237019 Trends in Caries Experience in Children in Nevada and the Effect of Water Fluoridation (2001 2010)

Monday, October 31, 2011

Marcia M. Ditmyer, PhD, CHES , School of Dental Medicine, University of Nevada, Las Vegas, Las Vegas, NV
Christina A. Demopoulos, DDS , School of Dental Medicine, University of Nevada Las Vegas, Las Vegas, NV
Connie Mobley, PhD, RD , School of Dental Medicine, University of Nevada Las Vegas, Las Vegas, NV
Purpose: In 1992 in Nevada 2.1% of the population was served by fluoridated community water systems. In 2000, legislation required water fluoridation for populations of 100,000 between 0.7mg/L and 1.2mg/L in community systems. In January 2011, the DHHS recommended lowering standards for community water fluoridation systems because of a government study showing that about 2 out of 5 adolescents presented with tooth streaking/ spottiness due to fluoride exposure. This new proposal recommended new fluoridation levels fixed at 0.7mg/L. This study analyzed trends of caries experience in Nevada children and the effect of water fluoridation over time. Methods: Trained/calibrated licensed dental examiners performed oral health screenings on >77,000 middle/high school students(49% males;51% females) in mobile dental clinics across 9 academic years(2001-2010) throughout Nevada. Untreated caries(d-score), caries experience(df-score), and decayed, missing and filled teeth(DMFT) indices were collected. Mean scores were computed by county across all years. Counties were divided into Clark(fluoridated), Washoe(legislation controversy over fluoridation), and all others(not fluoridated). Results: DMFT scores in Clark decreased significantly since 2001 with a slight increase in 2007(p<0.05). Washoe was significantly higher than all other counties across all years(p<0.05). Trends were similar in caries experience and untreated tooth decay with Washoe having higher mean scores then Clark County and Clark seeing decreasing trends. Conclusion: Fluoridation maybe perceived to present unreasonable health risks, particularly among children, but trends in Nevada show that fluoridation can be an effective way to prevent tooth decay especially in areas with low natural concentration of fluoride in the drinking water.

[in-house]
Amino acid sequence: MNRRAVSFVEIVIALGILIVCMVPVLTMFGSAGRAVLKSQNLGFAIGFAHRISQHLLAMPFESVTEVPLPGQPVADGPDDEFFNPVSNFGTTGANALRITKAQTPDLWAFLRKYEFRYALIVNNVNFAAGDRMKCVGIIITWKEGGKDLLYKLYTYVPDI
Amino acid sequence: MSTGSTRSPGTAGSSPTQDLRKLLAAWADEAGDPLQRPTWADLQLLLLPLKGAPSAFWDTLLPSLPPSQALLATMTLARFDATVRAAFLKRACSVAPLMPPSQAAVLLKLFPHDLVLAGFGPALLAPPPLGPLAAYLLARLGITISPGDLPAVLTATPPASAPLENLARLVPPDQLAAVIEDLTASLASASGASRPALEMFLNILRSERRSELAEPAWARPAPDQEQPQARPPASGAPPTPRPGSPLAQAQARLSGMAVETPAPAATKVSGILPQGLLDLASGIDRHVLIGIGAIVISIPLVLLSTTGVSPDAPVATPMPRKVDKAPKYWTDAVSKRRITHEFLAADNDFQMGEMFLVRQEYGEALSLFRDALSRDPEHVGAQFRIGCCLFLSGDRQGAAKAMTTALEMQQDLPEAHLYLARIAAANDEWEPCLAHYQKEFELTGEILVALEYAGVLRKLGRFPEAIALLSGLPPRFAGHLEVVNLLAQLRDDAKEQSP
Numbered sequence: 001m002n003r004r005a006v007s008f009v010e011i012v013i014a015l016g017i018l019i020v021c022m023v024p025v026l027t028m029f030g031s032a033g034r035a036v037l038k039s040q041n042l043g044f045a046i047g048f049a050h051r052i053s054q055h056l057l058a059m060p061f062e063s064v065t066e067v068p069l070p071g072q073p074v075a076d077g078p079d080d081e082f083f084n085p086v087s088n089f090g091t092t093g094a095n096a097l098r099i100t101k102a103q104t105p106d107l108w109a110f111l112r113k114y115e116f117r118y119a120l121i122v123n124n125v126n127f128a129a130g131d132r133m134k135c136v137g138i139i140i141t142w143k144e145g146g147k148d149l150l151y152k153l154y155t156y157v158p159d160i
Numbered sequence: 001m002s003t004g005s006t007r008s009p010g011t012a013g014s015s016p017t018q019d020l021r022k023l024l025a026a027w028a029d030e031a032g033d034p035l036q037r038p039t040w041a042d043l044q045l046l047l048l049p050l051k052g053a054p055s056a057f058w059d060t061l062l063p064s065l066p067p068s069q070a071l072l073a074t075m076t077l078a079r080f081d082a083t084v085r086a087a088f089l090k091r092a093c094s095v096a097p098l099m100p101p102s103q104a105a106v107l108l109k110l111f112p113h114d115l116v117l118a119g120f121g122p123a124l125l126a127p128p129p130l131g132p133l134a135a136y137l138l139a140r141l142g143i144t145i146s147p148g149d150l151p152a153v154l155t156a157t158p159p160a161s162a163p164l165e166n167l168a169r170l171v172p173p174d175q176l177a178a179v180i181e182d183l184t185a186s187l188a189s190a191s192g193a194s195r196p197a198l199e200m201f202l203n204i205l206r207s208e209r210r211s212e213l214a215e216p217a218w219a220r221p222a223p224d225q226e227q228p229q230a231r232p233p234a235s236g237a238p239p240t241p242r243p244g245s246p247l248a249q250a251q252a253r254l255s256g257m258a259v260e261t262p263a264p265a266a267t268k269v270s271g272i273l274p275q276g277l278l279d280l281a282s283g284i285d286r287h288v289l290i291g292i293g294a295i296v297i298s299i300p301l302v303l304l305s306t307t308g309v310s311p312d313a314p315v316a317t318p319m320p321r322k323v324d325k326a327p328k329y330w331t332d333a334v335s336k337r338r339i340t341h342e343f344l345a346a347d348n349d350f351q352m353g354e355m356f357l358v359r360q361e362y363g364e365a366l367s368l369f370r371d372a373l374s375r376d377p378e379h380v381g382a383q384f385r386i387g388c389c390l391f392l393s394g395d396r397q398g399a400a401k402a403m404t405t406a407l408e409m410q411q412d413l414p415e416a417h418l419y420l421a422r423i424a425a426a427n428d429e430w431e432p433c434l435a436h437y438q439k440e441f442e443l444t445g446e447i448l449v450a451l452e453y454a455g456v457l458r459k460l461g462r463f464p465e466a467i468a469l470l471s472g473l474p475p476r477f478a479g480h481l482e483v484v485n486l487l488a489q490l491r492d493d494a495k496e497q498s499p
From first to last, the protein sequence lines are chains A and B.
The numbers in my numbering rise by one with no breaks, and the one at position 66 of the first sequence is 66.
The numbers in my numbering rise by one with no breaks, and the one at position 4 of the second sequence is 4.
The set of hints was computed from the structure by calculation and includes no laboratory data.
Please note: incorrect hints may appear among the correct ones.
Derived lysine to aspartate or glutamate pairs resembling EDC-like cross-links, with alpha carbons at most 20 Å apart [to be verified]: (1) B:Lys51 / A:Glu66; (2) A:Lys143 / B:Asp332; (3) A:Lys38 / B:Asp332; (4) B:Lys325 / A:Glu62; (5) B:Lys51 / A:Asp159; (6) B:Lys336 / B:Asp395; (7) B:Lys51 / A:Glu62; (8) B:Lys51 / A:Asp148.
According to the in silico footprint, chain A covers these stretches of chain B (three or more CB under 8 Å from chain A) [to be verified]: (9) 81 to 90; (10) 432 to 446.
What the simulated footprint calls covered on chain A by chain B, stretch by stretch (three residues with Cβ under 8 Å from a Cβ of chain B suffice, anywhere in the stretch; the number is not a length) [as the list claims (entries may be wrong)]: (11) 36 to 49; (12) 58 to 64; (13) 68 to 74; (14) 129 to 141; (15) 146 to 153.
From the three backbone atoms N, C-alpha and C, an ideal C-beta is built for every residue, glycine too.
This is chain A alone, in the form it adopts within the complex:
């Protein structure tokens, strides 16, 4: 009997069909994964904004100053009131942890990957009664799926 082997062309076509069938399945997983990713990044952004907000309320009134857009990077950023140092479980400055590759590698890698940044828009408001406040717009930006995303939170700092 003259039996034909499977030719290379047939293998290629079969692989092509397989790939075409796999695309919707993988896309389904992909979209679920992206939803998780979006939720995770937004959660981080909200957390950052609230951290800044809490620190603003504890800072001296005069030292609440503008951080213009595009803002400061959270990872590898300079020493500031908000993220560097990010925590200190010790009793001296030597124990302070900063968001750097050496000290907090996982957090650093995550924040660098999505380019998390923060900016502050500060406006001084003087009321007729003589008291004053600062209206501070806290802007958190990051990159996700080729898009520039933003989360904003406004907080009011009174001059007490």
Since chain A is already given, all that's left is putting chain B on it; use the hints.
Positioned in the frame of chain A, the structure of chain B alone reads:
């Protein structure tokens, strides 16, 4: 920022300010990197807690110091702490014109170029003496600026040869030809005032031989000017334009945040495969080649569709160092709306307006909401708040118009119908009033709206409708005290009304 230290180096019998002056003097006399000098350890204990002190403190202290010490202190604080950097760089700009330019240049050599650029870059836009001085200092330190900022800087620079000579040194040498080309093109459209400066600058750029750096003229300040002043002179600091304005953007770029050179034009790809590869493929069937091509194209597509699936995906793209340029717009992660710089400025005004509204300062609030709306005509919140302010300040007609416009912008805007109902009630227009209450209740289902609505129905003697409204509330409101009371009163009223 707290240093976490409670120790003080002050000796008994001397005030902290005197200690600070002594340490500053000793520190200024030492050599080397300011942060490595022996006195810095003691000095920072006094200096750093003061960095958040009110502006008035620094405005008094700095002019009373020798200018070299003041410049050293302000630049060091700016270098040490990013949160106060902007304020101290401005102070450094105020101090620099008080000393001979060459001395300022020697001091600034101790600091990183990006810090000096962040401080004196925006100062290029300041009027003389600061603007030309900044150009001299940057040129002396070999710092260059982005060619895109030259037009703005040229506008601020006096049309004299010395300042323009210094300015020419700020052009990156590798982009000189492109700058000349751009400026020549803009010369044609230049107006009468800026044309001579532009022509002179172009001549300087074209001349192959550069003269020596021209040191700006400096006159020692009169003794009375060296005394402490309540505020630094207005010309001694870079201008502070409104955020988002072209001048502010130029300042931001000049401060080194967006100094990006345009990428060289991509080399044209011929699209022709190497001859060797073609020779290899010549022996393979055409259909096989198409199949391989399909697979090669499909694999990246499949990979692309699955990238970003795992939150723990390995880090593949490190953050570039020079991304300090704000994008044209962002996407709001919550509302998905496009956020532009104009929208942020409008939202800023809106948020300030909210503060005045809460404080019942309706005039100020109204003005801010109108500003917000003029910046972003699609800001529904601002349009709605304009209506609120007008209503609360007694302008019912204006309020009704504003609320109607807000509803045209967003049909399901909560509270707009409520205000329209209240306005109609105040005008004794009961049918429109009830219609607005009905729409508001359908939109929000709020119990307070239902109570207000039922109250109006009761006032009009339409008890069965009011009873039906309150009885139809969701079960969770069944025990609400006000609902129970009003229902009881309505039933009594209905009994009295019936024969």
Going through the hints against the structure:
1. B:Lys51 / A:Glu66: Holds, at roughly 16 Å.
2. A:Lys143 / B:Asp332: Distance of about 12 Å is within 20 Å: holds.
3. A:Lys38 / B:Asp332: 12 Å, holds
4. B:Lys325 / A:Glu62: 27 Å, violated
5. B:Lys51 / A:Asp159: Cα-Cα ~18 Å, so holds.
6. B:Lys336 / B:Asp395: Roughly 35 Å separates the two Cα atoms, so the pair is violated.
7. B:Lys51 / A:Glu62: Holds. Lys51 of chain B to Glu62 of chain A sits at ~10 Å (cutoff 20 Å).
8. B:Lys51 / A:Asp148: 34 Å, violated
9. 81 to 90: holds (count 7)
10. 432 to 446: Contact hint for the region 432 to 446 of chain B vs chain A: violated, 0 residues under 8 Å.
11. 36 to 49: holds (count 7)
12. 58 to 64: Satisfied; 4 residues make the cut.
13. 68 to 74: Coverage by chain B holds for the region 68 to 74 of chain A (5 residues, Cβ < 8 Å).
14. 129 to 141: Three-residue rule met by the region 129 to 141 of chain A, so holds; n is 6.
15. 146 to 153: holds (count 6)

Learning Areas:
Epidemiology
Public health or related public policy

Learning Objectives:
1. Discuss historical progress and current status of water fluoridation in Nevada 2. List challenges facing Nevadians regarding water fluoridation controversy 3. Identify risks vs. benefits of fluoride, especially for infants and young children, regarding water fluoridation 4. Evaluate possibly reasons associated with recent increase in the incidence of dental fluorosis

Keywords: Oral Health Outcomes, Public Health Research

Presenting author's disclosure statement:

Qualified on the content I am responsible for because: I oversee the database and have worked with Crackdown on Cancer Program since 2006
Any relevant financial relationships? No

I agree to comply with the American Public Health Association Conflict of Interest and Commercial Support Guidelines, and to disclose to the participants any off-label or experimental uses of a commercial product or service discussed in my presentation.